I’ve lost my home through equity release scheme

August 24th, 2011

AN expat is taking Denmark’s biggest bank to court after it convinced him to use his Marbella mansion as collateral in an equity release scheme.

Euan Armstrong, 73, is in litigation after the scheme left him almost penniless with the bank trying to force him to sell his two million euro home to pay off debts. The pensioner had joined the Danske Bank scheme believing it would give him a salary for life, as well as reduce inheritance tax for his daughters – who would be liable to pay Spain’s top rate of 34 per cent.

But Armstrong, originally from Scotland, now faces losing his home. “The whole case is a mess of illegal contracts, bad investment and a loss of clients money in spite of Danske Banks’ huge profits,” Armstrong told the Olive Press. “We must stop these banks stealing our money.”

Armstrong claims he was convinced by three employees in the now-shut Mijas branch that taking out a million euro mortgage would reduce his two daughters Caroline and Kristen’s inheritance tax liability by half.


Within the plan Danske Bank was supposed to use 850,000 euros to invest in bonds, Swiss Francs and Euros with the ‘profits’ being used to pay off the mortgage. Meanwhile, a 150,000 euro lump sum would be given to Armstrong as part of the equity release deal.

However things did not go to plan. After the first year Armstrong realised that the bank had actually lost him 18,000 euros. “And then for the next five years it continued to lose money and in 2009 I was told by an account manager in Luxembourg that I should sell my property and pay the bank back the 650,000 euros they had lost.” When he refused Danske Bank issued a foreclosure on his house and also a repossession order through Coin court, which would have taken place in July.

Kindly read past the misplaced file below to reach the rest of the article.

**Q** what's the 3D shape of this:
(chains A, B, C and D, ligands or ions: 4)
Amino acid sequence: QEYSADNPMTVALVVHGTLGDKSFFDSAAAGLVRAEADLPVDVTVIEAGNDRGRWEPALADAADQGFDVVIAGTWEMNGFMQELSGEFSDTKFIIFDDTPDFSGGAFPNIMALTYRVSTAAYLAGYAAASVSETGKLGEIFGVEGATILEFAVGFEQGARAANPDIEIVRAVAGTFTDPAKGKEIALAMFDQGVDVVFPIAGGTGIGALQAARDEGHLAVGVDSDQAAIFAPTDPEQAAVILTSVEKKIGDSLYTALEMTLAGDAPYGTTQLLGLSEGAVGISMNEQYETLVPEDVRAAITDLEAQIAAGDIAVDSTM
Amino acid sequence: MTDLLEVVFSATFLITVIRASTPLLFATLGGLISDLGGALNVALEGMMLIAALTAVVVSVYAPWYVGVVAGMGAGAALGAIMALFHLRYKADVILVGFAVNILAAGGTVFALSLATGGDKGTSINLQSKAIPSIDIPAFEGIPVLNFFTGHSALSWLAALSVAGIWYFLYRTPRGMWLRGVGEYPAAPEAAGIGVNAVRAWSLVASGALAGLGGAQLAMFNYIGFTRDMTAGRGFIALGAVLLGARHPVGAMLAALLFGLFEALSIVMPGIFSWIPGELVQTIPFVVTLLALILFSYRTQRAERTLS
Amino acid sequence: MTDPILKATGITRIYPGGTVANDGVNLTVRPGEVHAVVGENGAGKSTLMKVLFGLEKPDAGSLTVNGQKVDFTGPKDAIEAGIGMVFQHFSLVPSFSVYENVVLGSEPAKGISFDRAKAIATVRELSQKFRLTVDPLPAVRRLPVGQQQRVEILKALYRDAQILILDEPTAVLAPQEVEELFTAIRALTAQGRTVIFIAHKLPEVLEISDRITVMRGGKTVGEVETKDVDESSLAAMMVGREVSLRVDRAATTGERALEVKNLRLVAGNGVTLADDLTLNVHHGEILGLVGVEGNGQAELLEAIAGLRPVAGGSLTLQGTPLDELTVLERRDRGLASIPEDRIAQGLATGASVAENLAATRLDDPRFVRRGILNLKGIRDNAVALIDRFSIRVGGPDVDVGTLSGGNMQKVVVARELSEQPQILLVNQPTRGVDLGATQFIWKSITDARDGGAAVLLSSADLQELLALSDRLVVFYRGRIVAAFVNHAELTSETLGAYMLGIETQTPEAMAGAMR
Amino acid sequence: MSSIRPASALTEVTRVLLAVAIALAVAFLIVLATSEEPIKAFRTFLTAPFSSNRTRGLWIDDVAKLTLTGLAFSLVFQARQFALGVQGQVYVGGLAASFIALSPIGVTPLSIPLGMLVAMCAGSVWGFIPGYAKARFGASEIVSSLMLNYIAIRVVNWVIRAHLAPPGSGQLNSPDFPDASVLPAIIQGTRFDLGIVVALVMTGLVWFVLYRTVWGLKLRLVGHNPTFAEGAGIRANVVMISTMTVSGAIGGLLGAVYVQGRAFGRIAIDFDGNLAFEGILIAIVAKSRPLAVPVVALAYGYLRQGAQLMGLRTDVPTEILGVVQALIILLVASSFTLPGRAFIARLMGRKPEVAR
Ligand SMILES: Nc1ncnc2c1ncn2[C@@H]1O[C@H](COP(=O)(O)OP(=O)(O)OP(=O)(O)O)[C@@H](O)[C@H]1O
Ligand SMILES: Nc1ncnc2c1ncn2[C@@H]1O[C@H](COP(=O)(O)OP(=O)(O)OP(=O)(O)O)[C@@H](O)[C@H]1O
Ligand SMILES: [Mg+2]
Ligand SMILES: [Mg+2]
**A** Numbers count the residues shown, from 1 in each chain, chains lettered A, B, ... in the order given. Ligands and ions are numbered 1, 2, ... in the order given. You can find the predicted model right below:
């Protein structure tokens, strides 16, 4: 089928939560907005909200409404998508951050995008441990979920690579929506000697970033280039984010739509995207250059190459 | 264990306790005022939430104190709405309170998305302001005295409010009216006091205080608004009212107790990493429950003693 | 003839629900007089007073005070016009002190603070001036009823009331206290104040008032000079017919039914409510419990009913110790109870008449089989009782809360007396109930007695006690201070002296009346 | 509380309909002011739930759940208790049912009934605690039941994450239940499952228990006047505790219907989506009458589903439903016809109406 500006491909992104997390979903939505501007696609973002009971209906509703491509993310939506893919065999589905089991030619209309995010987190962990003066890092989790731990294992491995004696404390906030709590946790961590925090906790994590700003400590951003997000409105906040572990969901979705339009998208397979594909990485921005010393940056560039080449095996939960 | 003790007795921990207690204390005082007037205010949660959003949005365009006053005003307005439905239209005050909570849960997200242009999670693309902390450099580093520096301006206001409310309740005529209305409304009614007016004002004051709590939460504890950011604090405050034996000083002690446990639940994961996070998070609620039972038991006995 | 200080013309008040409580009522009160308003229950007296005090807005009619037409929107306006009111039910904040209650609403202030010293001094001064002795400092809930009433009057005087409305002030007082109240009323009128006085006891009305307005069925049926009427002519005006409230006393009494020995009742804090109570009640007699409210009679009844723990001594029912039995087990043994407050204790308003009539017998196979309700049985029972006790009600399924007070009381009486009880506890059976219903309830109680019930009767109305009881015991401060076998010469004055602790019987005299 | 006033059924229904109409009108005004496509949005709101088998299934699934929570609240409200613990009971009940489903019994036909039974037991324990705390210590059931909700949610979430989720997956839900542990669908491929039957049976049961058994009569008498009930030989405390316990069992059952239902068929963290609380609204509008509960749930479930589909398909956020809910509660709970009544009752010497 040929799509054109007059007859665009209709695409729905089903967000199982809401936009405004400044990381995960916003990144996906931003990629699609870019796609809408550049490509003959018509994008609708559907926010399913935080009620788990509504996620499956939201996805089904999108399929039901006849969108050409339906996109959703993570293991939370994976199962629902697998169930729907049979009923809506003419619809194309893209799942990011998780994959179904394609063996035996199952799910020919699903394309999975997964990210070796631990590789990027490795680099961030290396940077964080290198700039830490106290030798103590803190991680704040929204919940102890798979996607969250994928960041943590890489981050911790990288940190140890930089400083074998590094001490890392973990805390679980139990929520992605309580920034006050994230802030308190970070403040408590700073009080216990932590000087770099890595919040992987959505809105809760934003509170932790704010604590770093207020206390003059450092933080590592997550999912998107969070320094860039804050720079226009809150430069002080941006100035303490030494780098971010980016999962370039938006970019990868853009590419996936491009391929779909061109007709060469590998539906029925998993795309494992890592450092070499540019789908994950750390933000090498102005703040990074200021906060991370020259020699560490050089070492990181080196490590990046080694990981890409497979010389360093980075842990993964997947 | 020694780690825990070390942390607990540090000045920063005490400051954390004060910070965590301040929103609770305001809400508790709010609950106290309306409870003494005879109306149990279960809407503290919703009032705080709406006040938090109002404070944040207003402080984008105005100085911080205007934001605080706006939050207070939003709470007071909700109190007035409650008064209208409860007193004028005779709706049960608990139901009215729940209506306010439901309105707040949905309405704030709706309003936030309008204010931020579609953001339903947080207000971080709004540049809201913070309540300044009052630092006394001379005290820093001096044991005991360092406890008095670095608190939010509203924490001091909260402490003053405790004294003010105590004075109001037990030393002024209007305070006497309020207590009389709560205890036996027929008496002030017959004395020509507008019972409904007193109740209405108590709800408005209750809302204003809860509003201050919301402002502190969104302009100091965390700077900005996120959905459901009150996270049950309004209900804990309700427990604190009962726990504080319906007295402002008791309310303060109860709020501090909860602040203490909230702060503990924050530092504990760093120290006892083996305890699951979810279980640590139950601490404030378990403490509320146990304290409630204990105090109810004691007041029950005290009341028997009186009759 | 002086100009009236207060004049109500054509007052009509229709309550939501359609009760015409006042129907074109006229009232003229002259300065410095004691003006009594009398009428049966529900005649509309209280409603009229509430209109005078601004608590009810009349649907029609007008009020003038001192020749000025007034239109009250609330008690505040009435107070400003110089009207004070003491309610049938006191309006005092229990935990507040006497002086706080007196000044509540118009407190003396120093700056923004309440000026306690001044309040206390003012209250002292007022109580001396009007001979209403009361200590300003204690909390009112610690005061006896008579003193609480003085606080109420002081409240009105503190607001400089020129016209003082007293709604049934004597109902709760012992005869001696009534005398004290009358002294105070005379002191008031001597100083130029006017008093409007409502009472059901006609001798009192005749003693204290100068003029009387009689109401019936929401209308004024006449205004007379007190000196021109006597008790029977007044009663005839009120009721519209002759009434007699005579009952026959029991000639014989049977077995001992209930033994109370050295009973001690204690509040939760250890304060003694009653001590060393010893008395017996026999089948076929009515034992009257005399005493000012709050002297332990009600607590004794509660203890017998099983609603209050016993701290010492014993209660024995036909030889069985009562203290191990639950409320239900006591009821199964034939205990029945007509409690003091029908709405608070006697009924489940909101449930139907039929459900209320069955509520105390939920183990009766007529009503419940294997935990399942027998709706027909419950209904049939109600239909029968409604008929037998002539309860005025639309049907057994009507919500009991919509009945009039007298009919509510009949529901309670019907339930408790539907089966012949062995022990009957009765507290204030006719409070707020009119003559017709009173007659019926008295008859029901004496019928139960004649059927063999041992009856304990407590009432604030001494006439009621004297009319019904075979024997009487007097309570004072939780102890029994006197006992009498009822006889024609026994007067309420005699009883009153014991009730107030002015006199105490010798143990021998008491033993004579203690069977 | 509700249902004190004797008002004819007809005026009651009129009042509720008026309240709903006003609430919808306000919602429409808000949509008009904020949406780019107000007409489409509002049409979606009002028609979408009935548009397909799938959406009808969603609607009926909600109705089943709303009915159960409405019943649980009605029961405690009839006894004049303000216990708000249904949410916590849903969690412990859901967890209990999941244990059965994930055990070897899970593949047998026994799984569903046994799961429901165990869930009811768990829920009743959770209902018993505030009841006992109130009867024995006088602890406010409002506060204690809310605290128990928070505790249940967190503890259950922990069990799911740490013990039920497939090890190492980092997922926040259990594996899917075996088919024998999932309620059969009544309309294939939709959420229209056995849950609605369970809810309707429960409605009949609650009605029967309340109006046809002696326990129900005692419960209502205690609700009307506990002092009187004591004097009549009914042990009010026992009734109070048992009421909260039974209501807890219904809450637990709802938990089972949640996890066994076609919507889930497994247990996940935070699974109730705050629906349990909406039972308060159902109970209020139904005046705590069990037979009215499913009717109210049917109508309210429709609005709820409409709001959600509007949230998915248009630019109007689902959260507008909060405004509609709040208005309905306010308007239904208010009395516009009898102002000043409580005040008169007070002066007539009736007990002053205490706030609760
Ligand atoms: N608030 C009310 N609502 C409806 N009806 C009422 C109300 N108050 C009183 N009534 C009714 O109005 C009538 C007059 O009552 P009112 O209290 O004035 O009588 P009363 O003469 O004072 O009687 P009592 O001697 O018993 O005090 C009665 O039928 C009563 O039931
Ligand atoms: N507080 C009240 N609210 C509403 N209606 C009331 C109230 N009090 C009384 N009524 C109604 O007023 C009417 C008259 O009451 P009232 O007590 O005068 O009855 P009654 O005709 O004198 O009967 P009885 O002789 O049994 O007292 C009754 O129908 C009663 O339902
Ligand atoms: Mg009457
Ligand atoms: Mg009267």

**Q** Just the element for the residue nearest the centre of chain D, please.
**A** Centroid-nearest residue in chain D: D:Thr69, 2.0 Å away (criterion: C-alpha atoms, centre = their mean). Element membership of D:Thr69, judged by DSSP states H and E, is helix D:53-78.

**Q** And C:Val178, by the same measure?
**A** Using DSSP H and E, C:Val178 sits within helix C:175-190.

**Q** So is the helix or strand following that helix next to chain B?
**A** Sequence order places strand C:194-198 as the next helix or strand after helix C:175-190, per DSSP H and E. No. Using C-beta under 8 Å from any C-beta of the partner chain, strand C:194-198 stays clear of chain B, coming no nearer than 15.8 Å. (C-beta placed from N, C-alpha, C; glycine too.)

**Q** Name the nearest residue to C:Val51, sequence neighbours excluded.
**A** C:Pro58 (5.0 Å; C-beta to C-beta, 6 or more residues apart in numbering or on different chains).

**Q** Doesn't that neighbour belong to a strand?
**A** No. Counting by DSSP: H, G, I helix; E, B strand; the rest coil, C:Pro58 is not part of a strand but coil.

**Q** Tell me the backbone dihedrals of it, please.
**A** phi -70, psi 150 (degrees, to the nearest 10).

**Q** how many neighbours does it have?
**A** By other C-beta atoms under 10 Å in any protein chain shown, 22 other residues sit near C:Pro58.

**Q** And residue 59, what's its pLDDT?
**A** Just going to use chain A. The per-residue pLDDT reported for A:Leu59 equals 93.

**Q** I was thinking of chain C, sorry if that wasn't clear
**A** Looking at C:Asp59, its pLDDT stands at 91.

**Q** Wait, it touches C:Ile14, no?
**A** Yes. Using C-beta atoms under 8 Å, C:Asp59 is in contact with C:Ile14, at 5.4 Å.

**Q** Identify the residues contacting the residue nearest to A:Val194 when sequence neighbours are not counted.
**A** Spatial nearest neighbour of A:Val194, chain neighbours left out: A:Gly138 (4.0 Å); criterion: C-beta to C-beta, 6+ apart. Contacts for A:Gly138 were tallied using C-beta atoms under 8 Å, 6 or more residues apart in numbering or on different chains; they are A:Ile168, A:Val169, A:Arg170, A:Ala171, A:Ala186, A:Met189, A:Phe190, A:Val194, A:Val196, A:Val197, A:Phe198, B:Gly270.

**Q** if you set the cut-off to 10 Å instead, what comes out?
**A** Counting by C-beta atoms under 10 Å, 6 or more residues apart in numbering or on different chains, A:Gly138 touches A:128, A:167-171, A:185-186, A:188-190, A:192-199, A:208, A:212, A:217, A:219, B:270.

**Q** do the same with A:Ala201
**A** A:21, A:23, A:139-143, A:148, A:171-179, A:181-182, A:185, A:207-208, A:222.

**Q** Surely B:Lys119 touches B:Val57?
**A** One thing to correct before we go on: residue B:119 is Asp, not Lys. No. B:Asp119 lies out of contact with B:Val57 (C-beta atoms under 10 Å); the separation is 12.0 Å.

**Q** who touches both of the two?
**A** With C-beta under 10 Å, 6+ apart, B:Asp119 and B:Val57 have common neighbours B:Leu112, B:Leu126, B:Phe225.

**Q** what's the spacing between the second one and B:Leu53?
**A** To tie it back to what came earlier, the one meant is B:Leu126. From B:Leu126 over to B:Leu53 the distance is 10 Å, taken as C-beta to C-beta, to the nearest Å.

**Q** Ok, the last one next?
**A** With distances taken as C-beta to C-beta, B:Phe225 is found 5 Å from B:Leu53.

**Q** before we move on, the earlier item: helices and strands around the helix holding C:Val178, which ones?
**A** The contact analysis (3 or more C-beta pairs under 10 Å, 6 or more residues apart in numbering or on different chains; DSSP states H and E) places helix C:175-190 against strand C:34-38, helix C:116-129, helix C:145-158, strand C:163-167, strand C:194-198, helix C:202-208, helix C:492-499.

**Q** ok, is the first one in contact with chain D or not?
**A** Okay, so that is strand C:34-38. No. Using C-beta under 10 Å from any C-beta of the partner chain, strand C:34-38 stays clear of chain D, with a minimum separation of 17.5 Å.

Fortunately however, his lawyer stepped in and obtained a court ruling suspending the repossession. According to boss Antonio Flores, of Lawbird – who is also filing eight separate cases against various Nordic banks in a similar situation – it is actually illegal to indebt yourself in order to reduce your inheritance tax liability.

Nonetheless, he estimates that hundreds of people fall victim to these schemes. “This type of product, peddled by unauthorised agents under the auspices of supposedly reputable banks is becoming more and more common and should be avoided at all costs,” he explained. A Danske Bank spokesman said: “According to the law we cannot comment on individual customer cases nor questions related to individual cases.”

The investigation continues.

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